1st generation 5-hydroxytryptamine receptor antagonists (5-HT3 RAs), and palonosetron, a 2nd generation 5-HT3 RA, are indicated for the prevention of chemotherapy (CT)-induced nausea and vomiting (CINV) associated with moderately (MEC) and highly emetogenic CT agents (HEC). This study explores the impact of step therapy policies requiring use of an older 5-HT3 RA before palonosetron on risk of CINV associated with hospital or emergency department (ED) admissions.
Patients who received cyclophosphamide post breast cancer (BC) surgery or who were diagnosed with lung cancer on carboplatin (LC-carboplatin) or cisplatin (LC-cisplatin) were selected from PharMetrics’ (IMS LifeLink) claims dataset (2005-2008). Patients were followed for 6 months from initial CT administration for CINV events identified through ICD-9-CM codes. Patients were grouped into those initiated with older, generic 5-HT3 RAs (ondansetron, granisetron, and dolasetron) and those initiated and maintained on palonosetron throughout study follow-up. CINV events and CINV days were analyzed using multivariate regressions controlling for demographic and clinical variables.
Eligible patients numbered 3,606 in BC, 4,497 in LC-carboplatin and 1,154 in LC-cisplatin cohorts, with 52%, 40%, and 34% in the palonosetron group, respectively. There was no significant difference between the two 5-HT3 RA groups in age or Charlson Comorbidity Index among the two MEC cohorts (BC and LC-carboplatin). Among the LC-cisplatin cohort, palonosetron users were older with more males than the older 5-HT3 RA group (age: 60.1 vs. 61.3; males, 66.9% vs. 56.9%). Compared to the older 5-HT3 RAs, the palonosetron groups incurred 22%-51% fewer 5-HT3 RA pharmacy claims, had fewer patients with CINV events (3.5% vs. 5.5% in BC, 9.5% vs. 12.8% in LC-carboplatin, 16.4% vs. 21.7% in LC-cisplatin), and had lower risk for CINV events (odds ratios 0.62, 0.71, or 0.71, respectively; p < 0.05). The BC and LC-carboplatin palonosetron groups experienced 50% and 30% fewer CINV days than the generic 5-HT3 RA group (p < 0.05).
Patients with breast or lung cancer initiated and maintained on palonosetron were at significantly lower risk for potentially costly CINV versus those on older 5-HT3 RAs. Further studies on impact of step therapy policy are warranted in order to minimize the clinical and economic burden of CINV.
Prevention of nausea and vomiting is the main goal of antiemetic treatment in cancer patients scheduled to receive chemotherapy. To prevent acute emesis, antiemetics should be administered just before chemotherapy and patients should be protected for up to 24 hours after chemotherapy initiation. The emetogenic potential of chemotherapeutic agents guides clinicians towards the most appropriate antiemetic prophylaxis. Current guidelines recommend the use of 5-HT3 receptor antagonist (RA) either alone or in combination with dexamethasone and/or a neurokinin-1 RA both in the acute and delayed phases. The second-generation 5-HT3RA palonosetron exhibits a longer half-life and a higher binding affinity than older antagonists. Palonosetron has been approved by the FDA for the prevention of chemotherapy-induced nausea and vomiting (CINV) in patients scheduled to receive either moderately (MEC) or highly emetogenic chemotherapy (HEC) and for the prevention of delayed CINV in patients receiving MEC. The present review will discuss the role of palonosetron in the prevention of acute CINV.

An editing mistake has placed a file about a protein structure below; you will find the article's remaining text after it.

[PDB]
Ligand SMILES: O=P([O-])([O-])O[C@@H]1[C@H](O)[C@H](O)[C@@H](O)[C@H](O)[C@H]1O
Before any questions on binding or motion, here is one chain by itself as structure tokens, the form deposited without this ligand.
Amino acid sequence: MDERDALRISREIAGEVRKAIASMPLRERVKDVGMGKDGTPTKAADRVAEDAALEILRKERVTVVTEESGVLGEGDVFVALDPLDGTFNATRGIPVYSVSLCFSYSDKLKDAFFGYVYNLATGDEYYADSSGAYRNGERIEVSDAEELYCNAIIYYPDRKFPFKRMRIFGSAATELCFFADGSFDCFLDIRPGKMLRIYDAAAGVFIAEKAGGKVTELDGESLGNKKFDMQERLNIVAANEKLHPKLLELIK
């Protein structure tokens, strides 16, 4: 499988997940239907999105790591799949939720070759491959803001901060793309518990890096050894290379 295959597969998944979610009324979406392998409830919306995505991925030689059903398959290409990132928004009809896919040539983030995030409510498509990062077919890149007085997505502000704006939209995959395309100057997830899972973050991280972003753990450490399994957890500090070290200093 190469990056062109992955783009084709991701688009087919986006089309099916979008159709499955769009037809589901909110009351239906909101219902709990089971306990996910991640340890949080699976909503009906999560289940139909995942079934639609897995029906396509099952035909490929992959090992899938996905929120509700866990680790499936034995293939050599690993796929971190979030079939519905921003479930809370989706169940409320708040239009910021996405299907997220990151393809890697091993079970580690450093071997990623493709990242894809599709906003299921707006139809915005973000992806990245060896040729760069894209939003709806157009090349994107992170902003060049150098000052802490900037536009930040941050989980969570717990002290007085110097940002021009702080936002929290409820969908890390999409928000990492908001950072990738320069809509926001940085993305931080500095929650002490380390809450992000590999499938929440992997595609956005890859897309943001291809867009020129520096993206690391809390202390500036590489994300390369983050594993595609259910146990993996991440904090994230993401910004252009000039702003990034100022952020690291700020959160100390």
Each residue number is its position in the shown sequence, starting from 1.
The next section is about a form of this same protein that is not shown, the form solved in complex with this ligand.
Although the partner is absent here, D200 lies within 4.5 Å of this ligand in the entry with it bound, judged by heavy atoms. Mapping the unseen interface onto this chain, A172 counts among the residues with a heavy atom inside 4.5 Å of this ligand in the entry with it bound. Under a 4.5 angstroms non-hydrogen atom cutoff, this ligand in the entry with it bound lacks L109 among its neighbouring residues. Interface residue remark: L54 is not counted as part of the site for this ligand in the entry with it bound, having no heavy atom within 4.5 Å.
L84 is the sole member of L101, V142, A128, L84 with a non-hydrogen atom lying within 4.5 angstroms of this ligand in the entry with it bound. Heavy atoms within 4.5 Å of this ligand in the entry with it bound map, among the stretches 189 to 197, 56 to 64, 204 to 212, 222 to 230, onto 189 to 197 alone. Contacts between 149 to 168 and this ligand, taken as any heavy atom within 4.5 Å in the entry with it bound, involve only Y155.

antiemetics; chemotherapy; nausea; vomiting; serotonin-receptor antagonists; palonosetron
In July 2003, the Food and Drug Administration approved palonosetron hydrochloride injection for the treatment of chemotherapy-induced nausea and vomiting (CINV). The newest agent in the class of 5-HT3 receptor antagonists (5-HT3RAs), palonosetron differs from other agents in its class by its higher receptor-binding affinity and longer half-life. These pharmacological properties have resulted in improved antiemetic activity in clinical trials, particularly in the treatment of delayed CINV following moderate emetogenic chemotherapy. Based on the results of these clinical studies, palonosetron is the only 5-HT3RA approved for delayed CINV. Palonosetron is given as a single 0.25-mg intravenous dose 30 minutes before the initial dose of chemotherapy. Headache and constipation were the most common adverse events reported with palonosetron therapy.
With repeated courses of chemotherapy, chemotherapy-induced nausea and vomiting (CINV) becomes progressively more difficult to control. The aim of this study was to evaluate whether the antiemetic efficacy of the triple combination aprepitant, palonosetron and dexamethasone could be sustained for up to six cycles of highly emetogenic chemotherapy (HEC) (cisplatin ≥ 50 mg/m2).
Chemotherapy-naive patients receiving cisplatin-based HEC, were treated with palonosetron 0.25 mg/i.v., dexamethasone 20 mg/i.v. and aprepitant 125 mg/p.o. 1 h before chemotherapy. Aprepitant 80 mg/p.o. and dexamethasone 4 mg/p.o. were administered on days 2–3. The primary endpoint was complete response (CR, no vomiting and no use of rescue medication), over 5 days following HEC in up to six cycles. Secondary endpoints were emesis-free and nausea-free rates. Safety was also evaluated.
One hundred and fifty six lung cancer patients were included in the study; the median age was 64 years and 76.9% were men. The minimum cisplatin dosage was 75 mg/m2, and in most patients was combined with another drug (87.4%). CR ranged from 74.4% (first cycle) to 82% (sixth cycle). More than 90% and 60% of patients were emesis-free and nausea-free during all chemotherapy cycles. The most commonly reported side effects were constipation and headache.
The triple combination of aprepitant, palonosetron and dexamethasone enhanced not only the antiemetic protection during the first cycle, but its efficacy was also sustained for up to six cycles of cisplatin-based HEC in lung cancer patients.